Air Force One paint job: The committee voted 31-26 to require congressional approval for changes to the Air Force One presidential aircraft's paint scheme and interior design that have been cheered by President TrumpDonald John TrumpLawmakers prep ahead of impeachment hearing Democrats gear up for high-stakes Judiciary hearing Warren says she made almost M from legal work over past three decades MORE.

Offered by Rep. Joe CourtneyJoseph (Joe) D. CourtneyHouse passes bill tackling workplace violence in health care, social services sectors This week: Round 2 of House impeachment inquiry hearings State dinner highlights the enduring importance of US-Australia alliance MORE (D-Conn.), the chairman of the panel's seapower subcommittee, the amendment would require the Trump administration to get Congress' approval for any "work relating to aircraft paint scheme, interiors and livery" before it takes place.

Trump has said he hopes to change the paint job on new Air Force Ones, forgoing the blue-and-white scheme -- designed by President John F. Kennedy and first lady Jackie Kennedy -- for a red, white and blue color scheme.

But Courtney warned that even seemingly small changes to the plane can quickly add up.

Rep. Bradley ByrneBradley Roberts ByrneIsraeli, Palestinian business leaders seek Trump boost for investment project Sessions vows to 'work for' Trump endorsement Trump attends football game with Jeff Sessions' Alabama Senate race opponent Bradley Byrne MORE (R-Ala.) opposed the amendment, saying it "looks like an attempt to just poke at the president."

Smith said the included amendment is "really not trying to poke the president" but "simply trying to exercise our oversight responsibilities to try to save the taxpayers money."

"As I understand it these planes are not even going to be delivered until late 2024, 2025. This president is not going to fly on this plane under any circumstances," Smith said.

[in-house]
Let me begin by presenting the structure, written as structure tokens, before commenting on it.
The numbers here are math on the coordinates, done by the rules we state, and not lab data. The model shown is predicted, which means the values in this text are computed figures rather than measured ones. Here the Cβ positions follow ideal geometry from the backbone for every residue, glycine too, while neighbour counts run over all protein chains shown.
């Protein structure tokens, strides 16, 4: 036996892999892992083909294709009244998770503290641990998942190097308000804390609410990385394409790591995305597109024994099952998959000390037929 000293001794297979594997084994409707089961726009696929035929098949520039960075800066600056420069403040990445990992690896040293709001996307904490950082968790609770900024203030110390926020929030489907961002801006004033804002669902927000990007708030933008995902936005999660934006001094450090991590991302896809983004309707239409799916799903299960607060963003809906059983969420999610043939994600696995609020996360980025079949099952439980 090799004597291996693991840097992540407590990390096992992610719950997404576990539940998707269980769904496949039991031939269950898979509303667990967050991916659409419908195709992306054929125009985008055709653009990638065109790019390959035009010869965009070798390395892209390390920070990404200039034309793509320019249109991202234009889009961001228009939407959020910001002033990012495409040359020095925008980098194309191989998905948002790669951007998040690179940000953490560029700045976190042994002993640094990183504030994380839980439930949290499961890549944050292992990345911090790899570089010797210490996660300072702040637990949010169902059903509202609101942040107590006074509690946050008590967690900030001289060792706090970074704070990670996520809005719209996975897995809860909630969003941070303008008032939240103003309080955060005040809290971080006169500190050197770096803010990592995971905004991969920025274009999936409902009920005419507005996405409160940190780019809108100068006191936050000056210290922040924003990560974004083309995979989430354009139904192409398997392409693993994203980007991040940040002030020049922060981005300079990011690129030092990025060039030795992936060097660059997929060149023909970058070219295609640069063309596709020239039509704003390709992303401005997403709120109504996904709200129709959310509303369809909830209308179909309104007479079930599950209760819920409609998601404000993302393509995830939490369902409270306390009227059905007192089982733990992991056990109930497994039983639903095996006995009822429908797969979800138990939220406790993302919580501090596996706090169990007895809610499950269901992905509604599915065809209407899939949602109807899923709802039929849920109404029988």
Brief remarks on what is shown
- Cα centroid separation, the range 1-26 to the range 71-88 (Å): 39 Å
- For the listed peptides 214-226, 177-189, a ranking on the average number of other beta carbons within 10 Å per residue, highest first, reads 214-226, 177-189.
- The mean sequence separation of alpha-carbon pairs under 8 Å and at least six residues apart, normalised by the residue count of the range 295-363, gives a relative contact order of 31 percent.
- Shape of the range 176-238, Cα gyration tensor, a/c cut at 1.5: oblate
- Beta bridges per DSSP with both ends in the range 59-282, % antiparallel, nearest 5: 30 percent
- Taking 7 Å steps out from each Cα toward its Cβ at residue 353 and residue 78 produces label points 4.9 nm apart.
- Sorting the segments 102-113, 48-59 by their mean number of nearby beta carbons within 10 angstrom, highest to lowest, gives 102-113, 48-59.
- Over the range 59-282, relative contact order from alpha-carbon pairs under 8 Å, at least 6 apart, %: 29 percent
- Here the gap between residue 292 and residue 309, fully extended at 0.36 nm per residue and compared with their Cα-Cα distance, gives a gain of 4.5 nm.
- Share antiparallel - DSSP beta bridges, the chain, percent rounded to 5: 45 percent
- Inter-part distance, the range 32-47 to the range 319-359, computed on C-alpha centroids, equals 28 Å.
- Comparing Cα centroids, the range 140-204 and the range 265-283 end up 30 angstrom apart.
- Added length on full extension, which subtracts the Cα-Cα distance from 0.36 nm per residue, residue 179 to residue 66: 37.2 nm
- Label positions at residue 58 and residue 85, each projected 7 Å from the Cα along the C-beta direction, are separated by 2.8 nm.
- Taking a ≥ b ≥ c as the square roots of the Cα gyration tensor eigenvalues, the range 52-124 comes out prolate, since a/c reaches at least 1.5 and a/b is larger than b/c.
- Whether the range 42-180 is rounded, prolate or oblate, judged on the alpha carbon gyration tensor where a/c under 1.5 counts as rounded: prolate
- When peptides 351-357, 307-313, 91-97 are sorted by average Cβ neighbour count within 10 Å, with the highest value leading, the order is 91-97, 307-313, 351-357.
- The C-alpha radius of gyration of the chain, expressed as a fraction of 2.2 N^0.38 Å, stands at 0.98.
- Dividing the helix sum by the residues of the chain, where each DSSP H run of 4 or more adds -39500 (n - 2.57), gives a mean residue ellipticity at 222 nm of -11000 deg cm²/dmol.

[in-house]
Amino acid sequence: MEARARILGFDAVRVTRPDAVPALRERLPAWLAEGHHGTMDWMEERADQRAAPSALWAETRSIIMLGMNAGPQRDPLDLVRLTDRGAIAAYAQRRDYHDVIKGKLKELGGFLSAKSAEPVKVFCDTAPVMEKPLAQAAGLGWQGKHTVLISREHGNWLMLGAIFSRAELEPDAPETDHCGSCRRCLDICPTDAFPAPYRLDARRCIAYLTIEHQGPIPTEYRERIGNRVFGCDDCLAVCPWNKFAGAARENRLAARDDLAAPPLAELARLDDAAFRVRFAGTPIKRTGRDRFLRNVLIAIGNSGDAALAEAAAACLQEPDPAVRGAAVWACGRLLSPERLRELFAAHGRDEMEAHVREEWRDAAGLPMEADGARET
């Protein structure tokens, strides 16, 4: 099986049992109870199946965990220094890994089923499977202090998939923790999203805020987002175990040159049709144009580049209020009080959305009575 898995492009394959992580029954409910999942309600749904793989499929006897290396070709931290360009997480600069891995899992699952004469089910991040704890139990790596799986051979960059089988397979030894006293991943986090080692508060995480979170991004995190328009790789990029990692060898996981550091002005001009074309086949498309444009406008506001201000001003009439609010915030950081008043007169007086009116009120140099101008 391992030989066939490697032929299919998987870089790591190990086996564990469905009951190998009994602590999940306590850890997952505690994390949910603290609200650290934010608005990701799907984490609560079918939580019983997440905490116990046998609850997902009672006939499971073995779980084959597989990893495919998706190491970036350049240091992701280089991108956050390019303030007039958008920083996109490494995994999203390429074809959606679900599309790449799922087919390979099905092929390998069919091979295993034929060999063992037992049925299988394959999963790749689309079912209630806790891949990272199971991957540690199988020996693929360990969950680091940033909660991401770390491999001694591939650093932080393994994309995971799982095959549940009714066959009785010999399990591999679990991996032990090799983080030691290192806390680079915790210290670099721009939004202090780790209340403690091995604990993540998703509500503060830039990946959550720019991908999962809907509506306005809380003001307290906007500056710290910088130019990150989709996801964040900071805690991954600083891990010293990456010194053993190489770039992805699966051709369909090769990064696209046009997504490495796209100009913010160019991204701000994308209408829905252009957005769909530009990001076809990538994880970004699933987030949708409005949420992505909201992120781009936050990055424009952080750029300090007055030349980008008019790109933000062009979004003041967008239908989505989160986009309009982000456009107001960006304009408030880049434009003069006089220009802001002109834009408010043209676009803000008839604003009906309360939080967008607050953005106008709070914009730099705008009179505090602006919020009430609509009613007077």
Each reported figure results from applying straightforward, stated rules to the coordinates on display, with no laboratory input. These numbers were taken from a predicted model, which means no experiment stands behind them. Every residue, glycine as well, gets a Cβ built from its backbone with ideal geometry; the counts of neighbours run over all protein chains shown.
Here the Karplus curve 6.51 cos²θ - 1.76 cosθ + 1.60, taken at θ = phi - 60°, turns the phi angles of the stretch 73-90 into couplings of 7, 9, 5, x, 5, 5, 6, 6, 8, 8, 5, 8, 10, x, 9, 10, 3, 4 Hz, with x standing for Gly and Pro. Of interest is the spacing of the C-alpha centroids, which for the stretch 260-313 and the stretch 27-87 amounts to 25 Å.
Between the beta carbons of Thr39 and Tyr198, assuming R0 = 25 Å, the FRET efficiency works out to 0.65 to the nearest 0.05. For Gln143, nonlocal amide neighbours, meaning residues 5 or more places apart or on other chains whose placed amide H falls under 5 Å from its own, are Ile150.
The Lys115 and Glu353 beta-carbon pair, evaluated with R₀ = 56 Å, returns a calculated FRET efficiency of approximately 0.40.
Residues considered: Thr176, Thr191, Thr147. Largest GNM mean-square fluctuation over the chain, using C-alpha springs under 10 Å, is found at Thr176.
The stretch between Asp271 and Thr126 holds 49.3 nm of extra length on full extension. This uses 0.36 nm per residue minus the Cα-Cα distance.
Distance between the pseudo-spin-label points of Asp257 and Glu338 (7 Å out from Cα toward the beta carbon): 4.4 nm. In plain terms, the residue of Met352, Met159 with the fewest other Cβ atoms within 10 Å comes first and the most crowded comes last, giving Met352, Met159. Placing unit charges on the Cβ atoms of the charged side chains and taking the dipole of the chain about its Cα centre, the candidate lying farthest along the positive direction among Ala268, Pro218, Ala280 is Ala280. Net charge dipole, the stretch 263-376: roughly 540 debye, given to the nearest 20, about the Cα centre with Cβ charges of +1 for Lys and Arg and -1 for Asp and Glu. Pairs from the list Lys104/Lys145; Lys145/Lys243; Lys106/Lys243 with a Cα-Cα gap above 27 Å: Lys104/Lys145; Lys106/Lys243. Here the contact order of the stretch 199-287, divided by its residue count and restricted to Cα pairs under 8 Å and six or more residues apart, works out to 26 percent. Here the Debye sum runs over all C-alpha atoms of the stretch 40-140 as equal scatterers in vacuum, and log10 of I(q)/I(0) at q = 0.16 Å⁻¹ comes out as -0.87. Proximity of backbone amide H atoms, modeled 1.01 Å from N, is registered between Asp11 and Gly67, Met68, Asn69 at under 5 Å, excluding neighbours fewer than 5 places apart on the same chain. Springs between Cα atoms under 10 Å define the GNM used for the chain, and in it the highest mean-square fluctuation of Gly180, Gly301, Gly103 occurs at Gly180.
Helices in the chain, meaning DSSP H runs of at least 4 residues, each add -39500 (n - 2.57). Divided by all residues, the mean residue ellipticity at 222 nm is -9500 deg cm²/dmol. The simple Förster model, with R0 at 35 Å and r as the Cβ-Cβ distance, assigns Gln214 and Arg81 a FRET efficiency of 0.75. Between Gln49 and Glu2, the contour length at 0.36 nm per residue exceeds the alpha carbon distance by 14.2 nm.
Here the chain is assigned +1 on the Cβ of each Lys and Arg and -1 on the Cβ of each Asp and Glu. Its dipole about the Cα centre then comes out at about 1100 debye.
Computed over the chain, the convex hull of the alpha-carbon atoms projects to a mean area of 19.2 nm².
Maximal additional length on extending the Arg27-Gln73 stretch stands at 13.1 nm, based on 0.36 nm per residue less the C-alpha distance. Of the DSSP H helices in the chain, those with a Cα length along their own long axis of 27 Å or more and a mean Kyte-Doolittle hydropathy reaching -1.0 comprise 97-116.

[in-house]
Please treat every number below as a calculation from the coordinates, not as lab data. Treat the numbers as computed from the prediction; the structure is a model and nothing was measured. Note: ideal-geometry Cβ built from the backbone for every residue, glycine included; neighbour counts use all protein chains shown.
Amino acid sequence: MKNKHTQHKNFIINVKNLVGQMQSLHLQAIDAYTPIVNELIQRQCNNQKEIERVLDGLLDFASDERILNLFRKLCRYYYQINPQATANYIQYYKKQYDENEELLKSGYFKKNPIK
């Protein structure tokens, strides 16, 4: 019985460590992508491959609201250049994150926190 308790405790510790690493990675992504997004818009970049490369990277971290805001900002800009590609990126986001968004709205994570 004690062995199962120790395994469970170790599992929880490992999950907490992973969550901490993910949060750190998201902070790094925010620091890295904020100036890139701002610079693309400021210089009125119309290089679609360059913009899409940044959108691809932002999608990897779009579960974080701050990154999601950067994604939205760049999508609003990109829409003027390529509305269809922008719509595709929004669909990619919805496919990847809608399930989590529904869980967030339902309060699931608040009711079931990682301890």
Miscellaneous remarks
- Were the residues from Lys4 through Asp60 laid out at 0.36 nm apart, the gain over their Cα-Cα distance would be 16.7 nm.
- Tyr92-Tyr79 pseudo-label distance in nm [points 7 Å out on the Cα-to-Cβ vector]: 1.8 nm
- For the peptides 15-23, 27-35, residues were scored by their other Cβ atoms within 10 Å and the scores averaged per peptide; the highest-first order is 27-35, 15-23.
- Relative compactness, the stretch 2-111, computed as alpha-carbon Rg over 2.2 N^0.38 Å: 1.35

Low-yield nukes: The debate on the strategic forces subcommittee's portion of the bill grew heated quickly over its restriction on using funds to deploy the W76-2 low-yield nuclear warhead.

Rep. Liz CheneyElizabeth (Liz) Lynn CheneyOvernight Defense — Presented by Boeing — Stopgap spending bill includes military pay raise | Schumer presses Pentagon to protect impeachment witnesses | US ends civil-nuclear waiver in Iran Cruz, Graham and Cheney call on Trump to end all nuclear waivers for Iran Pompeo: US ending sanctions waiver for site where Iran resumed uranium enrichment MORE (R-Wyo.) offered two amendments -- one to strike the ban using funds to deploy the W76-2 on submarines and another to increase funding to the weapon -- with the first taking up more than 45 minutes of debate.

The votes on the amendments haven't happened yet, since the committee had to recess for House floor votes.

Cheney and her fellow Republican colleagues argued that in order to prevent Russia or other aggressive nations from using their own low-yield weapons, the United States needs a credible response of its own.

Rouge nations may not believe that the U.S. military would respond with a larger nuclear weapon if the enemy used a smaller nuclear warhead first. Having an equal strike option, a tit-for-tat, would deter weapons from ever being used is the argument.